I find this one even tougher than the preceding example.  At least in a DNR suspension there's some room for negotiation; for a really tough airway, though, there isn't much wiggle-room at all.  Even with fancy video laryngoscopes that have come into clinical use in the last few years, we still occasionally encounter those scary, impossible airways that make your blood run cold.  I once worked with a surgeon who transferred a patient to a tertiary care facility because he was nervous about the patient's airway in the middle of the night in a small hospital with only a skeleton crew.  We heard later that the awake intubation at the tertiary care place took an hour to do.  It's serious business.

Med school and residency train us to know what to do and when.  As for what to say and how (or how not) to say it, well...I suspect most of us get the bulk of training where we learn most of our communication skills:  from our relationships, mostly outside the classroom.  For most of us that means the training is ongoing, and we're all going to be works in progress for a very long time.  May all our difficult conversations be imbued with attentiveness and a gentle spirit!


Transor Z said...

T., from the title of this post I think you might be familiar with this book, but in case you aren't -- or any of your readers aren't -- here's the Amazon link to a very helpful little book:

It's entitled Difficult Conversations: How to Discuss what Matters Most and comes out of the folks at the Harvard Negotiation Project (Douglas Stone, Bruce Patton, and Sheila Heen), best known for their famous book Getting to Yes.

Excerpt from authors' commentary:

Q: What suggestions can you offer for how to deliver bad news in general?

A: Nothing that'll make it good news. But you can avoid making the impact worse than it needs to be. Our advice is this: be direct. Put the bad news up front rather than at the end. (You may want to give people a one sentence signal, so they can prepare themselves internally, but it doesn't help to beat around the bush or 'start with the positive,' if there is a big 'But' coming.)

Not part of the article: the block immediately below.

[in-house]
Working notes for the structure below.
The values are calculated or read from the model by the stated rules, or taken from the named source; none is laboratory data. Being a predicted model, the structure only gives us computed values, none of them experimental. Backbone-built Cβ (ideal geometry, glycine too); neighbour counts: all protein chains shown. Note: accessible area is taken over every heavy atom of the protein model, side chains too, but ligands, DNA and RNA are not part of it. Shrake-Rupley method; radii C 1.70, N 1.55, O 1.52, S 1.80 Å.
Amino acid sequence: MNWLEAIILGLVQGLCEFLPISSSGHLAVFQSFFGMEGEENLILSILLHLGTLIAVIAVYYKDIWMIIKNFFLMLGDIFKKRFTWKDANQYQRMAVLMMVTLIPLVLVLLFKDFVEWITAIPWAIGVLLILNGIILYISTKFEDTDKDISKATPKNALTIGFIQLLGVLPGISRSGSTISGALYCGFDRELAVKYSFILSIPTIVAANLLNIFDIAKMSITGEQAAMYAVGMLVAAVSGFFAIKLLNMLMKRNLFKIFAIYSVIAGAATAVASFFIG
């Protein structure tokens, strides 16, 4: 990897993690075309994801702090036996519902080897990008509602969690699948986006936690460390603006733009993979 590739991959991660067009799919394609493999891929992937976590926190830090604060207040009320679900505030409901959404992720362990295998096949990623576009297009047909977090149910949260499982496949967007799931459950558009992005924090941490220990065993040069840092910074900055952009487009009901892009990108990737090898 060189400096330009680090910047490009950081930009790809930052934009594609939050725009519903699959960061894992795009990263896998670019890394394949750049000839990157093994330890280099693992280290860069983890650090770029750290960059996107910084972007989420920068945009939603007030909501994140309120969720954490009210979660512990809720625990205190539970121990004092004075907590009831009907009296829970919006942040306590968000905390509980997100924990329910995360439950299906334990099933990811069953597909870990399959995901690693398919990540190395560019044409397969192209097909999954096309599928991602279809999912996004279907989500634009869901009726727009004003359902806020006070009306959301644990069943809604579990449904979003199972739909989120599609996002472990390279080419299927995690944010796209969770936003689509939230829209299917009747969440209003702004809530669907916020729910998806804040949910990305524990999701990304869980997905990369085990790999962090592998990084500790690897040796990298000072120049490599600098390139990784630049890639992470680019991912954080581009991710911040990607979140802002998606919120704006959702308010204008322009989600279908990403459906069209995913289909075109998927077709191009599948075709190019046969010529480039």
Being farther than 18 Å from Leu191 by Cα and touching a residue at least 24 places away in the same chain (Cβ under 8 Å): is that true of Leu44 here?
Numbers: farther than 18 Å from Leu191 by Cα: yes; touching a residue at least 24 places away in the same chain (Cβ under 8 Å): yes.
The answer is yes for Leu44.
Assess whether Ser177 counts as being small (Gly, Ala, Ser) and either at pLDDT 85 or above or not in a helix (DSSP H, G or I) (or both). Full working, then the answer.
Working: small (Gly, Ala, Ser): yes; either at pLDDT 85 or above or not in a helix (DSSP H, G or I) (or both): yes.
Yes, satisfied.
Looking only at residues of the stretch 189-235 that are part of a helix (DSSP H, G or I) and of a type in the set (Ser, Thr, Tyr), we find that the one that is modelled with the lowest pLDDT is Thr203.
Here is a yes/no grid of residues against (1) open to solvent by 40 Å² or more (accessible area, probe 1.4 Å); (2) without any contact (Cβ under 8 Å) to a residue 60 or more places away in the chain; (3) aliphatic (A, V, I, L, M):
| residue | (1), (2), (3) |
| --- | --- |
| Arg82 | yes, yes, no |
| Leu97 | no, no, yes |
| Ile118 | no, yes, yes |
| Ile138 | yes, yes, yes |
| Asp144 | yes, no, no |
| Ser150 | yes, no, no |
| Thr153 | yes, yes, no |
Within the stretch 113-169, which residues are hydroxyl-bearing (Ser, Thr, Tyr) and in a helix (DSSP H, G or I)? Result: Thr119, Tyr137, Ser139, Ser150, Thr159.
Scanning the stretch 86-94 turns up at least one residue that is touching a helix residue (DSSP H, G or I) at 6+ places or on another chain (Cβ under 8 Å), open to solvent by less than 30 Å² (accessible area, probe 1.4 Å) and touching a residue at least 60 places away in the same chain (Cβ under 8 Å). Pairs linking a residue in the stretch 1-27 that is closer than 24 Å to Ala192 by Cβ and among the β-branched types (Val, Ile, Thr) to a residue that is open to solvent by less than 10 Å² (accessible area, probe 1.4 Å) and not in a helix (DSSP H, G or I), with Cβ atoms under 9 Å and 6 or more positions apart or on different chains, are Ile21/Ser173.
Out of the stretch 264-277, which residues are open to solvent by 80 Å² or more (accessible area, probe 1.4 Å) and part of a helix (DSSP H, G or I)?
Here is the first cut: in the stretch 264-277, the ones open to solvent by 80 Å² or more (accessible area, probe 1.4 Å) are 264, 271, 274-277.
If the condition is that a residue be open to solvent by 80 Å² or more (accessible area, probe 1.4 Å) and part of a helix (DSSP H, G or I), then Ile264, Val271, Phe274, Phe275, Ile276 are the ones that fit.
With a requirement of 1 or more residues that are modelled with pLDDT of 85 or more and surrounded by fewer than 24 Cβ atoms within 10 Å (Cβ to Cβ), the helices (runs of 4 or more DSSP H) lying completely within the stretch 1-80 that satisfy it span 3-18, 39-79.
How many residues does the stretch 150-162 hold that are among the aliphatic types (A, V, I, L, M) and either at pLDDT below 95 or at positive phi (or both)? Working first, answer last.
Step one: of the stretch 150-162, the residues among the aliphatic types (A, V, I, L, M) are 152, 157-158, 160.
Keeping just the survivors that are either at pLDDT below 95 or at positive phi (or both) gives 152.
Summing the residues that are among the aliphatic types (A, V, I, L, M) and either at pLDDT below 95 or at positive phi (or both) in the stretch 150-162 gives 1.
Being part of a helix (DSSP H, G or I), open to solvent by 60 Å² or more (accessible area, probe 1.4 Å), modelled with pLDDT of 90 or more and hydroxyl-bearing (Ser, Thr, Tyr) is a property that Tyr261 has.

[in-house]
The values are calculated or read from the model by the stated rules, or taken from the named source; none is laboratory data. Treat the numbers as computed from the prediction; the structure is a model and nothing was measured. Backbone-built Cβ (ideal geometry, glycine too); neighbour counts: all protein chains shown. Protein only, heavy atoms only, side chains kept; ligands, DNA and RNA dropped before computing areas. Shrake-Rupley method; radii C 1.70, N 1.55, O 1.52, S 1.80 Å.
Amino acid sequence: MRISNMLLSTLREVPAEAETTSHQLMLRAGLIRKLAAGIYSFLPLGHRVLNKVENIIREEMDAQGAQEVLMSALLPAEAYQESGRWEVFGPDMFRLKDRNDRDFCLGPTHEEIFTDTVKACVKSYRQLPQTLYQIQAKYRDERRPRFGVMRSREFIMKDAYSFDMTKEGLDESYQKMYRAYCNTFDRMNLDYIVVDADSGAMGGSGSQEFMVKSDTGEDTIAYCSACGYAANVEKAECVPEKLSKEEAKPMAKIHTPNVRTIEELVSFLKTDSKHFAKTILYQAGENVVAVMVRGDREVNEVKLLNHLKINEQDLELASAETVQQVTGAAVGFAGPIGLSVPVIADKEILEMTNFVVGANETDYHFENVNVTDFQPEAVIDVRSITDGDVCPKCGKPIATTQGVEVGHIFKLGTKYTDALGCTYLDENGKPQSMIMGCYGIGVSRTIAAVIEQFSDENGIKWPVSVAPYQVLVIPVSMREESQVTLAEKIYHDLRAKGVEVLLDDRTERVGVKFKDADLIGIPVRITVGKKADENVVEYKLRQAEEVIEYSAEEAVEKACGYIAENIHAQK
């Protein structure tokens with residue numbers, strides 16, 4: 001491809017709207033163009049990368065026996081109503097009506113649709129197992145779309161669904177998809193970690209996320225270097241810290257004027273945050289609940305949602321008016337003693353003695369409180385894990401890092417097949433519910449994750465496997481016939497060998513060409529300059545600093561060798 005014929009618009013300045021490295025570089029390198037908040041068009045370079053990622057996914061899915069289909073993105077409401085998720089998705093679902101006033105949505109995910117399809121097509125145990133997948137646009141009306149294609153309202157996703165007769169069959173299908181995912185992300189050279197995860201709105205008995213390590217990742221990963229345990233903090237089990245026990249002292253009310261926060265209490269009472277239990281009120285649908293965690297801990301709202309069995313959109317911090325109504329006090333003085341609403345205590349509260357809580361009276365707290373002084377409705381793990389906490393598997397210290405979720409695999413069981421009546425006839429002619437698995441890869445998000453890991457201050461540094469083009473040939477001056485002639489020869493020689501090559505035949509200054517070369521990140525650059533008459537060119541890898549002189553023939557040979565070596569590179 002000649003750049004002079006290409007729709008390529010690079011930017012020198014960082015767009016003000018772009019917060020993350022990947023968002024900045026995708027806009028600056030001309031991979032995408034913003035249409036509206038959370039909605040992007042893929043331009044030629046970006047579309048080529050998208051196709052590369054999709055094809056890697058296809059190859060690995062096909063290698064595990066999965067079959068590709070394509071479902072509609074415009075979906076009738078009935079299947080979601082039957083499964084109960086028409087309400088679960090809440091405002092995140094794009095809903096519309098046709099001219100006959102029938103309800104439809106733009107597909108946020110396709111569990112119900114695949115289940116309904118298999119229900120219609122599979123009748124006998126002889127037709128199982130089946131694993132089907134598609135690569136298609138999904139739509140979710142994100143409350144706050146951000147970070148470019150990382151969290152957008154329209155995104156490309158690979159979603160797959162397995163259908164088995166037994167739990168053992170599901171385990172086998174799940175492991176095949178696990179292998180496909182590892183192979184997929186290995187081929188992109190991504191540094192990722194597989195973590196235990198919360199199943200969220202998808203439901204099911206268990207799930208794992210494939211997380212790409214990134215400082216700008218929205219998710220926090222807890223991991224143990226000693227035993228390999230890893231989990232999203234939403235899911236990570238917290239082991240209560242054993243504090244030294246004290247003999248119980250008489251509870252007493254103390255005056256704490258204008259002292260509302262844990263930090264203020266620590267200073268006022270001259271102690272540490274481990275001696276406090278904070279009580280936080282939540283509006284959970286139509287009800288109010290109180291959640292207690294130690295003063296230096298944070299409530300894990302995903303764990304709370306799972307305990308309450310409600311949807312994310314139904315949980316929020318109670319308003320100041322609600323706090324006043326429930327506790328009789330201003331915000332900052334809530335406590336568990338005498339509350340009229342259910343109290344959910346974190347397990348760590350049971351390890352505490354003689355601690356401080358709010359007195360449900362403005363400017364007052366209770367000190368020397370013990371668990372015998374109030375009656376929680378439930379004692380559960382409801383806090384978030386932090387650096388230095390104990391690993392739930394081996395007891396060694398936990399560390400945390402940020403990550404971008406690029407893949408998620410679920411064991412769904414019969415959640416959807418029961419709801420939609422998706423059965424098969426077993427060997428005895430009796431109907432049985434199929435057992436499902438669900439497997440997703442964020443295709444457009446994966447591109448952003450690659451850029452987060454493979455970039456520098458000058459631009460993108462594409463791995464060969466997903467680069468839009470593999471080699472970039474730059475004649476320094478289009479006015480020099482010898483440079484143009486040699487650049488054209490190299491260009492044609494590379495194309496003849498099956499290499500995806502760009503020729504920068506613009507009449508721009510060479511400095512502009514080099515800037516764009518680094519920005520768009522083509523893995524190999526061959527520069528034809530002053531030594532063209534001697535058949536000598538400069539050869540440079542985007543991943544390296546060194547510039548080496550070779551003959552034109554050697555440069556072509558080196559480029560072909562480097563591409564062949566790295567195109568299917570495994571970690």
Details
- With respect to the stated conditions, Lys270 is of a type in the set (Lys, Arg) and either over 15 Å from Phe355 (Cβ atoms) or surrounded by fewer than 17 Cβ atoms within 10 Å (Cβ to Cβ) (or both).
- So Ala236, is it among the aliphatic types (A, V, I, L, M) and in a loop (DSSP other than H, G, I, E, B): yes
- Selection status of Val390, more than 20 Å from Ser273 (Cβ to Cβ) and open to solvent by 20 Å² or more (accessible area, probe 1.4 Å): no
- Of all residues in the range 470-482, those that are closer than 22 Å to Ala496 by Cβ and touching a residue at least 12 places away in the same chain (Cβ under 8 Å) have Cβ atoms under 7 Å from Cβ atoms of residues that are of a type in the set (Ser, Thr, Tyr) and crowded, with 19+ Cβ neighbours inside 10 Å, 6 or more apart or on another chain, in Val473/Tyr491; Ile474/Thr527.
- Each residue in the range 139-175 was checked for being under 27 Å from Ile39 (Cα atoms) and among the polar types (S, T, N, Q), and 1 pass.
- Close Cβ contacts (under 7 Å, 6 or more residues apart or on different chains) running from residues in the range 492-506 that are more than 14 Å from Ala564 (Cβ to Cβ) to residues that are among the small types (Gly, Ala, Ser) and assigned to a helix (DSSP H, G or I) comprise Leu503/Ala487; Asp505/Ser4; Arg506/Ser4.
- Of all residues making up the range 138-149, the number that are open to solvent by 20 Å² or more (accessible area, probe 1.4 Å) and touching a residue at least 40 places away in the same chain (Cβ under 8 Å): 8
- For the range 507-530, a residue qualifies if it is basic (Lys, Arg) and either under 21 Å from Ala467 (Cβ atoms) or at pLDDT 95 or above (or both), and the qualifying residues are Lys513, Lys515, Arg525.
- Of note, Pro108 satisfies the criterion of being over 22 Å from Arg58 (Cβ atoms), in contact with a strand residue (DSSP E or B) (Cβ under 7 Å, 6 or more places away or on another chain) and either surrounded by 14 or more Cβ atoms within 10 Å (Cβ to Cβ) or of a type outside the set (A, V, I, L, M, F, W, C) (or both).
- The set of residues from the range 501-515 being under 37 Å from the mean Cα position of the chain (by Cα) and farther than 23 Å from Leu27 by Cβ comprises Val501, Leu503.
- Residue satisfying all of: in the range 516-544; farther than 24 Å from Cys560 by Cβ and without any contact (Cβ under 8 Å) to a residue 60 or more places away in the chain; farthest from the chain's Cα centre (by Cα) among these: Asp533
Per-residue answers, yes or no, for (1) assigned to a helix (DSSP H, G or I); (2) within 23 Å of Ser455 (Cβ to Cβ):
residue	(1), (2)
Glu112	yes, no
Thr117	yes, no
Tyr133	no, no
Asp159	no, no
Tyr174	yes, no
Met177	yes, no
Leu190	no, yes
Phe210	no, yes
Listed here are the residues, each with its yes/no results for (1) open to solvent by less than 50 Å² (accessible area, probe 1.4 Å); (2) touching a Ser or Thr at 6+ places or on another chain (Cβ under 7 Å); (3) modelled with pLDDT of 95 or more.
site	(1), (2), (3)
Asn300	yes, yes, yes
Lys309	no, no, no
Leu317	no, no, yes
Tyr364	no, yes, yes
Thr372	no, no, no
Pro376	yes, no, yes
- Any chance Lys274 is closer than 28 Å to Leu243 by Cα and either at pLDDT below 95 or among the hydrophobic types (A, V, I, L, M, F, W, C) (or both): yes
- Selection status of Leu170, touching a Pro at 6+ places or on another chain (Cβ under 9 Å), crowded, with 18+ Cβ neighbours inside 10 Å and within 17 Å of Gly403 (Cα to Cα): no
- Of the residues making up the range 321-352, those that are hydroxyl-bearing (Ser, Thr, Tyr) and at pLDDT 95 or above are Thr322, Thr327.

Take responsibility for your contribution to the way things worked out, and don't try to control the other person's reaction give them the space to be upset. If the news is bad, it's normal for the other person to feel hurt or angry, and trying to convince them that things aren't as bad as they seem will only convince them that you don't really understand how they feel. Of course, as we said above, you should try to be empathetic, and listen as non-defensively as you are able.

At the same time, it's appropriate to defend yourself from unfair or abusive responses. The fact that the other person is upset doesn't give them license to say things that aren't true, or to blame you for all of their problems. You can be clear, compassionate and responsible, and still defend yourself from accusations that you feel are inappropriate.


A wonderfully empathic post. I wouldn't have an issue with you as a anaesthetist, because you show you care you obviously do have thought before giving news, and have much honesty. I would rather have an honest account of bad news over and above being told nothing.
However if someone said to me I was to be intubated while I was awake I would run a mile LOL.
Kind Regards